Young Yuliana Gallegos recalls her move from Monterrey, Mexico, to Houston, Texas. Initially excited about moving to Houston, where the huge freeways make her feel like she’s on a roller coaster, her excitement quickly wanes when she starts school. Everything is different at Yuli’s new school, and her discomfort is magnified by her classmates’ stares.
And to make matters worse, she learns that in spite of studying English in Mexico, she can’t understand anything that’s being said. All she wants to do is go back to her school in Monterrey. Yuli poignantly records the fear and anguish experienced by all immigrant children as they strive to adjust to a new language and culture. With the help of a compassionate teacher, a Japanese girl who becomes her friend, and her own determination to excel at her studies, Yuli gradually learns to speak English and feel comfortable in her new environment.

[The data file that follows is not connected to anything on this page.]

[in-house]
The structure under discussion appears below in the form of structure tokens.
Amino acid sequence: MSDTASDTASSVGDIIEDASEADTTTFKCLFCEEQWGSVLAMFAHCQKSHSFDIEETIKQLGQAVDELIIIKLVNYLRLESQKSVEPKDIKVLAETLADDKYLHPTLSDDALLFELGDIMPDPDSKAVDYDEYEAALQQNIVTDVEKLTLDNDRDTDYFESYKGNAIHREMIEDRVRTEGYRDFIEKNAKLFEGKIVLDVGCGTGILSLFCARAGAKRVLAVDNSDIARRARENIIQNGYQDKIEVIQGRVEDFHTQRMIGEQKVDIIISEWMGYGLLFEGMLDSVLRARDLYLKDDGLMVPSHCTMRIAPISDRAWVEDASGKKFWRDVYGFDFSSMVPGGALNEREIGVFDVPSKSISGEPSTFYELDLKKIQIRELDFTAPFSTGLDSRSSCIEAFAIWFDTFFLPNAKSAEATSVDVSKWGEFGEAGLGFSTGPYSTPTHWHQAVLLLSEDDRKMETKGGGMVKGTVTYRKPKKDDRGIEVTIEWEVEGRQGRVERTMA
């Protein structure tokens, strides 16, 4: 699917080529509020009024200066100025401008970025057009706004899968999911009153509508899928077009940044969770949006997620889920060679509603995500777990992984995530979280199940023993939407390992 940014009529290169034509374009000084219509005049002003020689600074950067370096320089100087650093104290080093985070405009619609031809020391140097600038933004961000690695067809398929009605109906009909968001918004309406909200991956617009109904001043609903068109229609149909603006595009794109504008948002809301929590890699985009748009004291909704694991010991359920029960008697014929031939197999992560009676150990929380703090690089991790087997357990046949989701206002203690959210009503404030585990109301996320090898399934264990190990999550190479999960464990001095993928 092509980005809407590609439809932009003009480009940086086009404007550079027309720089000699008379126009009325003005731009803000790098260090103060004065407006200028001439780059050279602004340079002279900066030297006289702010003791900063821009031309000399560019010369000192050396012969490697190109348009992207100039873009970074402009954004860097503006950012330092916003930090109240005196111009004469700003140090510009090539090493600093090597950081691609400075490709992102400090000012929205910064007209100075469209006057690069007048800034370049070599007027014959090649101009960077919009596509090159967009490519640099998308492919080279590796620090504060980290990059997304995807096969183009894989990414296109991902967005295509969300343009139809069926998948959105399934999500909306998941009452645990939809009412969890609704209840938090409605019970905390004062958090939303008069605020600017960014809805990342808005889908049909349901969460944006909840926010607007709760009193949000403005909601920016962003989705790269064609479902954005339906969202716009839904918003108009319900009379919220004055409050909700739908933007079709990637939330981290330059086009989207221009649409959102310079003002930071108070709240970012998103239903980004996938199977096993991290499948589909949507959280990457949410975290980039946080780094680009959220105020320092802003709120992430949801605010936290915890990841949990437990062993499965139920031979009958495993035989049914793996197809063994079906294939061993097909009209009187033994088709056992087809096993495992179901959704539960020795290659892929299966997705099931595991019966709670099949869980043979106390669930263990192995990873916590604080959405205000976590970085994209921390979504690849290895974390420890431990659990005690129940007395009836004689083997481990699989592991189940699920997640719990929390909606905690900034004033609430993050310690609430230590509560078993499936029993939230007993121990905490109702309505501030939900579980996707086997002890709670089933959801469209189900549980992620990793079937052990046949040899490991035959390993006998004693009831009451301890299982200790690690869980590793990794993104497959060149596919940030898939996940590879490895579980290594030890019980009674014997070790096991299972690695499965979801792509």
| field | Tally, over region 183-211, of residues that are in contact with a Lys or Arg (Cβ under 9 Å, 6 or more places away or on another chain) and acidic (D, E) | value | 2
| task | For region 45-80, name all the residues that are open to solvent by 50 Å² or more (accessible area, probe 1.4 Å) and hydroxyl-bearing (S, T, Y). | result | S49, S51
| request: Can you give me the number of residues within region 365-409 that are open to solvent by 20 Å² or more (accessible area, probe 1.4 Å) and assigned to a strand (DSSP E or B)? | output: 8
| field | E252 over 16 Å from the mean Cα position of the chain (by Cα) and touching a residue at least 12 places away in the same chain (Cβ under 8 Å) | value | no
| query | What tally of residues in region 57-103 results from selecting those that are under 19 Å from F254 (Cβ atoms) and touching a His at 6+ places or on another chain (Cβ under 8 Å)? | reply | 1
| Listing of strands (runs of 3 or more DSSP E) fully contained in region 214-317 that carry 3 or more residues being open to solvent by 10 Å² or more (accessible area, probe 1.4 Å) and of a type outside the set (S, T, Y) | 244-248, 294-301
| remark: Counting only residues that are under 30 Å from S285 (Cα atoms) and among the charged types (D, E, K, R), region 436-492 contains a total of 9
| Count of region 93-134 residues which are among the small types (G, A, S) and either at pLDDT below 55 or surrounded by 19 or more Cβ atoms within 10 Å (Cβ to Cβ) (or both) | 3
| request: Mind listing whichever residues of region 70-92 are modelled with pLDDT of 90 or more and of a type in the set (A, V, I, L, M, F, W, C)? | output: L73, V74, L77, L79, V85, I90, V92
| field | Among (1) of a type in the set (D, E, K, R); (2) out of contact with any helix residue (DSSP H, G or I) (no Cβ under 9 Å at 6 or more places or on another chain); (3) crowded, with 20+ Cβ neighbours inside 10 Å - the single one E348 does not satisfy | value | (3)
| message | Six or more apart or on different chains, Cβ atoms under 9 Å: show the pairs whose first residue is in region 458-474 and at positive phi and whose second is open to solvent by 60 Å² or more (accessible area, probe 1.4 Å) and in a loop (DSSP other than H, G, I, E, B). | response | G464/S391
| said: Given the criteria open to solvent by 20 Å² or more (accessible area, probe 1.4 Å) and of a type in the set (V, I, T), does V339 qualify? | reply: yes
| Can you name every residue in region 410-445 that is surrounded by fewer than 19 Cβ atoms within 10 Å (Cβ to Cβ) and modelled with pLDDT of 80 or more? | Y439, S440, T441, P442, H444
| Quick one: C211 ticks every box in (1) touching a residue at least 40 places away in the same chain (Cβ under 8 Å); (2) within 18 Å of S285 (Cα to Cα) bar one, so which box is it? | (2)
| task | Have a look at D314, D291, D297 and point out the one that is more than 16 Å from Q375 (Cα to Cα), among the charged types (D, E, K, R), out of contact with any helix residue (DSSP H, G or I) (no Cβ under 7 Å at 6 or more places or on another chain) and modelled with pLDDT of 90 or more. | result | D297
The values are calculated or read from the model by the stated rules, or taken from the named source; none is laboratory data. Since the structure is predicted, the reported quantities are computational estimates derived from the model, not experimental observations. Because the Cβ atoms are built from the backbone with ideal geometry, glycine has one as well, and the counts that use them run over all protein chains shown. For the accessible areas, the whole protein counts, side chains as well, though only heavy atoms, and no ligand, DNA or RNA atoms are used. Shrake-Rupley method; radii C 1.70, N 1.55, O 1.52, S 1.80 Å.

Starting-point — Papa and Mama — More about Mama — Kindergarten, 1922/3 — A grand time — Llandaff Cathedral School, 1923/5 (age 7/9) — The bicycle and the sweet-shop — The great mouse plot — A life without sweets — Going to Norway — The magic island — A visit to the doctor — The last lap — St. Peter’s, 1925/9 (age 9-13) — First day — Writing home — The matron — Homesickness — A drive in the motor-car — The Maccano chariot — Captain Hardcastle — How I became a writer — Little Ellis and the boil — Goat’s tobacco — Repton and Shell, 1929/36 (age 13/20) — Getting dressed for the big school — Boazers — Painful punishments — The headmaster — Chocolates — Horrid little boys and girls — Corkers — Fagging — That awful cold bath — Games and photography — Goodbye school — P.S — Excerpt from Going solo — A Dahl-tastic quiz.